anchoring and towing Works Cited Page Mandelbaum, Allen. The ODYSSEY OF HOMER - New York, New York: Bantam Dell (a division of Random House Inc.), Copyright 1990 noun (n) wealth, riches, or affluence; abundance, as of resources or goods noun (n) wealth and riches They [Calypso and Círcë] never could persuade the soul within my breast; for if a man is far from his own home and parents, then even if he is housed in opulence within that foreign land, no thing he finds can be more than what he left behind Of Homer Conflicts Internal Conflict External Conflict Throughout the Odyssey, there is a main conflict between Odysseus and Poseidon. Book IX shows how the conflict began. There is an internal conflict inside Odysseus's mind as he fights for his sanity. He is journeying from Troy to Ithaca with his crew, and the journey that would take a few weeks took almost a decade! He shows obvious grief and sorrow as he constantly is fighting for his life in unbelievable situations. The cyclops Polyphémus ruthlessly killed his men, and trapped them in a cave so that they cannot escape. Who wouldn't devise a plot to hurt the monster? However, due to Odysseus's proud heart, he taunts the cyclops and yells his name after blinding him and escaping with some of his livestock. When Polyphémus cursed Odysseus and his men, Poseidon heard him and torments the crew, which starts the long journey of the Odyssey. Theme What lessons can a modern reader learn? In what ways were the gods important? What lessons were learned? Morals and Judgement Arrogance only leads to disgrace and consequences. Never rush headlong into unknown territory. (You could lose some valuable men) Be wary of the host and of the guests. Never do anything to provoke a god/the gods/ the God. Where brute strength fails, one's wits will save him or her. The gods were the ones to decide Odysseus and his men's fate after they blinded the cyclops Polyphémus. They also were the one who accepted - or in some cases did not accept - sacrifices given to them for good fortunes. In much of the epic, the gods help the mortals, such as humans, demigods, and monsters, to achieve their goals and objectives. Extras! Note: many of the lessons are repeated from the slides prior. Never provoke your deity/deities. When there is a problem that can not be solved through force, use willpower. Be wary of strangers. (In the modern world, there are many new dangers, some worse than the dangers of old.) Think before you act. "Before his downfall a man's heart is proud, but humility comes before honor." - Proverbs 18:12 Homeric Simile "... And springing up, he stretched his hands and snatched two of my men at once and smashed them to the ground like pups: their brains gushed out and wet the earth. (Homer 178)" This is a typical simile used normally in most cases, but the imagery continues on... "He cut those comrades limb from limb, and then he supped- and like a mountain lion, left no shred: he ate the flesh and innards, chewed the bones down to the marrow. (Homer 178)" Now connecting the whole passage, there is a slightly visible Homeric simile, because it expands upon how the cyclops Polyphémus is like a mountain lion. Note: the exact location of these lines are on lines 289-296. Most of these lessons are similar to the lessons of old. (refer to What Lessons Were Learned slide.) True Roles of Women There is a Greek belief that is often overlooked... THE ROLE OF WOMEN: TANTALIZING TROPHIES, STEADFAST SPOUSES, or "BLAMELESS *******?" http://webpage.pace.edu/nreagin/F2004WS267/AnnaCho/finalHISTORY.html Women were nothing like they are today in modern society. Cho, Anna. "Women of Ancient Greece" webpage.pace.edu . Posted Date N/A Institution Sponsor N/A Date Accessed: 7-11-12 at 2:49 AM - In the web page, it is written, "In ancient cultures, women were seen as objects for they were “given” in marriage by the father to the bridegroom. (Cho)" In the epic, the women plundered from Cíconës were pretty much thought of in that manner. They had little, if any, control over their lives. Women back in ancient Greece were submissive if loyal and seductive if disloyal. Females were to nurture their children and carry out household duties such as cleaning and cooking. The male husband had all of the power and made all of the decisions; the female wife was to obey and support. Hey! Hey! Hey, Listen! *Navi says to look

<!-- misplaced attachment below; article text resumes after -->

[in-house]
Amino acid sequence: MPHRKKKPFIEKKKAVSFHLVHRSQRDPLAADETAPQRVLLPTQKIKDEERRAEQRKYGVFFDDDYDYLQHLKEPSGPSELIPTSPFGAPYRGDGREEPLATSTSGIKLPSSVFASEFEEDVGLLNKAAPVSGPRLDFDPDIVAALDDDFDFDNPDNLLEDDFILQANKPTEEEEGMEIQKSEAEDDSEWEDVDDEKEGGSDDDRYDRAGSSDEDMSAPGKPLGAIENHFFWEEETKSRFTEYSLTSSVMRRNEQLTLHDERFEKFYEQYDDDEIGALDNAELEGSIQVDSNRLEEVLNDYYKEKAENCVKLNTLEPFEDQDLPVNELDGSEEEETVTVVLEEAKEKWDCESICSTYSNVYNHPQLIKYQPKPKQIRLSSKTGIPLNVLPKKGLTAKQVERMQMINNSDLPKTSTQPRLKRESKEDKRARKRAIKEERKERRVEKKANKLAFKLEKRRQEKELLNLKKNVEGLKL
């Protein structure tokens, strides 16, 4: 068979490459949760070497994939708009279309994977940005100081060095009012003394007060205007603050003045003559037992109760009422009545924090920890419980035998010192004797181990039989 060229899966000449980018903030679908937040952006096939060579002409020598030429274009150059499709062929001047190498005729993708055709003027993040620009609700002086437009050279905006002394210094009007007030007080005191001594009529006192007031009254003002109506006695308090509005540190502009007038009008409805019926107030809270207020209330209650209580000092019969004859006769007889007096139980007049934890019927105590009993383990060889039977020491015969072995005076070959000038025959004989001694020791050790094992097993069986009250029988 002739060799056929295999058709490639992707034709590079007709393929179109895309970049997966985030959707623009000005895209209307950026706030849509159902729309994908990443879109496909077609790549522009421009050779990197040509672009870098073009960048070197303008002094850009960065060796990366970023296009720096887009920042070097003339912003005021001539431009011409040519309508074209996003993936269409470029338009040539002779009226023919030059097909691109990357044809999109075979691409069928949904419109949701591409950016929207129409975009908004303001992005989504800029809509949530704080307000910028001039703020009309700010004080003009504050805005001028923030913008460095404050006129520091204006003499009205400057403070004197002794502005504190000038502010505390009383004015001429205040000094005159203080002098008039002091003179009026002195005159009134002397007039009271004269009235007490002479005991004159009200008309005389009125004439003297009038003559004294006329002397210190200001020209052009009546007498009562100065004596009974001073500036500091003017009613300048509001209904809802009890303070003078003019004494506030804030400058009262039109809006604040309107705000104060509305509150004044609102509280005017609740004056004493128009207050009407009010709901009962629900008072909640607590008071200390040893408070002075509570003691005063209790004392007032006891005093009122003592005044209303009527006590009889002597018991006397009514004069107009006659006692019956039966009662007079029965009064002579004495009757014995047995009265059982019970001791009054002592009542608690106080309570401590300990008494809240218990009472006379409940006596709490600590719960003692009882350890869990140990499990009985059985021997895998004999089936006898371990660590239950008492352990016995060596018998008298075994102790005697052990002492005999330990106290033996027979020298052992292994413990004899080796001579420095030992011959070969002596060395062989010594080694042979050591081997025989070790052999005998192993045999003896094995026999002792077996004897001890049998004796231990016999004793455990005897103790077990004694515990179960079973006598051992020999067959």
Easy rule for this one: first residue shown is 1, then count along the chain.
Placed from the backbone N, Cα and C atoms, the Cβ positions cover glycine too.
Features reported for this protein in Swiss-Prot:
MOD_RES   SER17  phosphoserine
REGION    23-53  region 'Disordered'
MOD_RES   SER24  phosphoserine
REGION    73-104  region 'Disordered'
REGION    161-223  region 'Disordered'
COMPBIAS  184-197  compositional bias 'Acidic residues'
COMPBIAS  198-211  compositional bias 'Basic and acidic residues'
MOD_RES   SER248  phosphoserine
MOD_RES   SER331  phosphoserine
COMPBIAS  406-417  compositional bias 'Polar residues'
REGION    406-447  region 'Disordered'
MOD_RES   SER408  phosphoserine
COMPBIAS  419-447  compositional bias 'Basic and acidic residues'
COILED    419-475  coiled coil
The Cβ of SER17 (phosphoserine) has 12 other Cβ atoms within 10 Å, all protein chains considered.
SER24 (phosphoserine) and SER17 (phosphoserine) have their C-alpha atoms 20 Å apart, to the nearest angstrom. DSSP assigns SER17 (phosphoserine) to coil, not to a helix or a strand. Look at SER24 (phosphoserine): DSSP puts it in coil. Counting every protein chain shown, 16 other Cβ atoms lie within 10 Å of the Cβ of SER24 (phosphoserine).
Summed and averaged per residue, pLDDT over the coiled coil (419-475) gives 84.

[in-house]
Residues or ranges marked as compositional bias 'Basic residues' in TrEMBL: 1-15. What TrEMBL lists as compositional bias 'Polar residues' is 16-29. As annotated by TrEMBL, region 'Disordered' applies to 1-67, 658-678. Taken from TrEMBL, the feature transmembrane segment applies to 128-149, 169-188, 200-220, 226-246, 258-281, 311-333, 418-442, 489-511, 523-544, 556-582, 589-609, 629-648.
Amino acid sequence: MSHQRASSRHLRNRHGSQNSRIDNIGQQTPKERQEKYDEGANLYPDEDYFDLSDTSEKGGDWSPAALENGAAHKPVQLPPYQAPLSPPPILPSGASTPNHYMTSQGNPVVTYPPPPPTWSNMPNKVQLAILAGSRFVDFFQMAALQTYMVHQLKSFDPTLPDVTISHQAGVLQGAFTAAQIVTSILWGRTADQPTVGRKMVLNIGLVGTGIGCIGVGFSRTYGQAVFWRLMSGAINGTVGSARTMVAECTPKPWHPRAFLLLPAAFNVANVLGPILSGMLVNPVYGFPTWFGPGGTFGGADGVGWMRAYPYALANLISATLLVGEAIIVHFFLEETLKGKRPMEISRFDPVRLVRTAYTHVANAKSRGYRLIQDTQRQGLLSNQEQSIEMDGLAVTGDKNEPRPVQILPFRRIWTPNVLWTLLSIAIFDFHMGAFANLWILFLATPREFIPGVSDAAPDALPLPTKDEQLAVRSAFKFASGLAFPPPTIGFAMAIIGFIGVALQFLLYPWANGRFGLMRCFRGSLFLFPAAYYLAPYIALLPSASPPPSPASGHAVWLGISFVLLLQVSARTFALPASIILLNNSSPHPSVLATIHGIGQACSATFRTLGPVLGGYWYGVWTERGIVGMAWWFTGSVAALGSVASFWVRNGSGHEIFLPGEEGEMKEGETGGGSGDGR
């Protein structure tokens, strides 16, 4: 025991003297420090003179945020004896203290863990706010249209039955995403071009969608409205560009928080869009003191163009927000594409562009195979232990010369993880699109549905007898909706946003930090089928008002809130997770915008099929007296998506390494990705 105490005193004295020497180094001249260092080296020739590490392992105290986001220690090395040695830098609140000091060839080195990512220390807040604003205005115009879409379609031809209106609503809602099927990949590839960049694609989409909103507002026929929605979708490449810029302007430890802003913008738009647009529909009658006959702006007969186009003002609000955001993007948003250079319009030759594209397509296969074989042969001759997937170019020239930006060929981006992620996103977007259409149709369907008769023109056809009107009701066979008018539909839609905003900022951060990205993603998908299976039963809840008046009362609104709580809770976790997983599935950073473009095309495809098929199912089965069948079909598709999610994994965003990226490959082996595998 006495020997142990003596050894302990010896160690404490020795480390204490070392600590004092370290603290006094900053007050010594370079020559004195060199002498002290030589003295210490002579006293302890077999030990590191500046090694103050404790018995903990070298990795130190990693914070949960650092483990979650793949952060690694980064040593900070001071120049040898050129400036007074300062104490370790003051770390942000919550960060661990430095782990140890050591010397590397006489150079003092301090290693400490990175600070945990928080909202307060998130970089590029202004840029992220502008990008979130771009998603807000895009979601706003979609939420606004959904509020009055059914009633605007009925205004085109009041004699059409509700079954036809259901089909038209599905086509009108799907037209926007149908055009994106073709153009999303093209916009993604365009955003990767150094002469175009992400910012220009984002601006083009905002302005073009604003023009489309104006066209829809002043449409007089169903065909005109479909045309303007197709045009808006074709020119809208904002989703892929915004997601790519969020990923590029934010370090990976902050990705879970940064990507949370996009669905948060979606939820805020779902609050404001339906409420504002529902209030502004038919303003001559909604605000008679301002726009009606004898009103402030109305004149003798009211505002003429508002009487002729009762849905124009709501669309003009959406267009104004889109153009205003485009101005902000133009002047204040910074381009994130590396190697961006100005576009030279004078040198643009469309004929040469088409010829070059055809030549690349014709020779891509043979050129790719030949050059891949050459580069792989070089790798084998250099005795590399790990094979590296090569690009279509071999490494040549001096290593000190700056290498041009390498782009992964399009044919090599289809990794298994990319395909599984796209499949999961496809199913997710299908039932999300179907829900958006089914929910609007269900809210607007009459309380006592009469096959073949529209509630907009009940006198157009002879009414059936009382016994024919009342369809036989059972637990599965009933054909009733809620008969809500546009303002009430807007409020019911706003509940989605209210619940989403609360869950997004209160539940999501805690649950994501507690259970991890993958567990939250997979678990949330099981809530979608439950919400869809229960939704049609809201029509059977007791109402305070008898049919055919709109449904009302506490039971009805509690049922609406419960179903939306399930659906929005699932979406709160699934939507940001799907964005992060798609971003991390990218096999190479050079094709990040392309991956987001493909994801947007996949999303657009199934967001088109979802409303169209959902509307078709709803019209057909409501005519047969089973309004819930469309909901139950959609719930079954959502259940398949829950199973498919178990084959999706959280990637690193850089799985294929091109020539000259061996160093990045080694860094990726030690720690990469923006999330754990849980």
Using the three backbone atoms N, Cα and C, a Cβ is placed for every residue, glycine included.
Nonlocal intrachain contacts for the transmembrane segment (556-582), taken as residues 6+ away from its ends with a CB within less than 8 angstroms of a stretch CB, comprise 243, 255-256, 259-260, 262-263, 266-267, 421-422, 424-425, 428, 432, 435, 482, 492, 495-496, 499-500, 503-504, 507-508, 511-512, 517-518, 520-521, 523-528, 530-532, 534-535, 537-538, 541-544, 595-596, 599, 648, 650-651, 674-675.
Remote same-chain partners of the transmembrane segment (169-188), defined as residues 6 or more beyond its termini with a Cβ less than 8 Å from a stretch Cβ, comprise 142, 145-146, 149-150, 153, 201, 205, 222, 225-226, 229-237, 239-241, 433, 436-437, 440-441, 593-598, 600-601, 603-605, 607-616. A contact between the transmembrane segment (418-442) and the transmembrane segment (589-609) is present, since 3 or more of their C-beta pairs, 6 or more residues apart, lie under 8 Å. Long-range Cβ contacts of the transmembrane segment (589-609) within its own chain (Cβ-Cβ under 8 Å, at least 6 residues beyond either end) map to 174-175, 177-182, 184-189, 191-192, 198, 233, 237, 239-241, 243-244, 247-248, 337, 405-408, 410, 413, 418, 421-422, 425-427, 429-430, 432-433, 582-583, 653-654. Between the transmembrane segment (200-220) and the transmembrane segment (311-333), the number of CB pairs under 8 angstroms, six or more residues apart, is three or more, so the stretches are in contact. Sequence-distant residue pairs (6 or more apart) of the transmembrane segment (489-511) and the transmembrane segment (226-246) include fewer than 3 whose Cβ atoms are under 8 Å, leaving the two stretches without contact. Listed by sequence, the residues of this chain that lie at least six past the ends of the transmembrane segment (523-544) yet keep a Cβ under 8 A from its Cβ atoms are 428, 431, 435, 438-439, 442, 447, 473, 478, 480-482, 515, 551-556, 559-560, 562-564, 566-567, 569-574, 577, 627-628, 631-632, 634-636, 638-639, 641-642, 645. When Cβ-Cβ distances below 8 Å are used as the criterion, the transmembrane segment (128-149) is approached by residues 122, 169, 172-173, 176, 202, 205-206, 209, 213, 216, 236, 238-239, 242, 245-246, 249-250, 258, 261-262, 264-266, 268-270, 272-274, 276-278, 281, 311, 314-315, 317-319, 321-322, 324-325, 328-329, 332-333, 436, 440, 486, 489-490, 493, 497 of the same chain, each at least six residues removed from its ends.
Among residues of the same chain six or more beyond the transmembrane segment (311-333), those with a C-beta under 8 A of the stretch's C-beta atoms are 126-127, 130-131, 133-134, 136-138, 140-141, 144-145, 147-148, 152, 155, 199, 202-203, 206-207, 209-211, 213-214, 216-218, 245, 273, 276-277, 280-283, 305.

to your right.*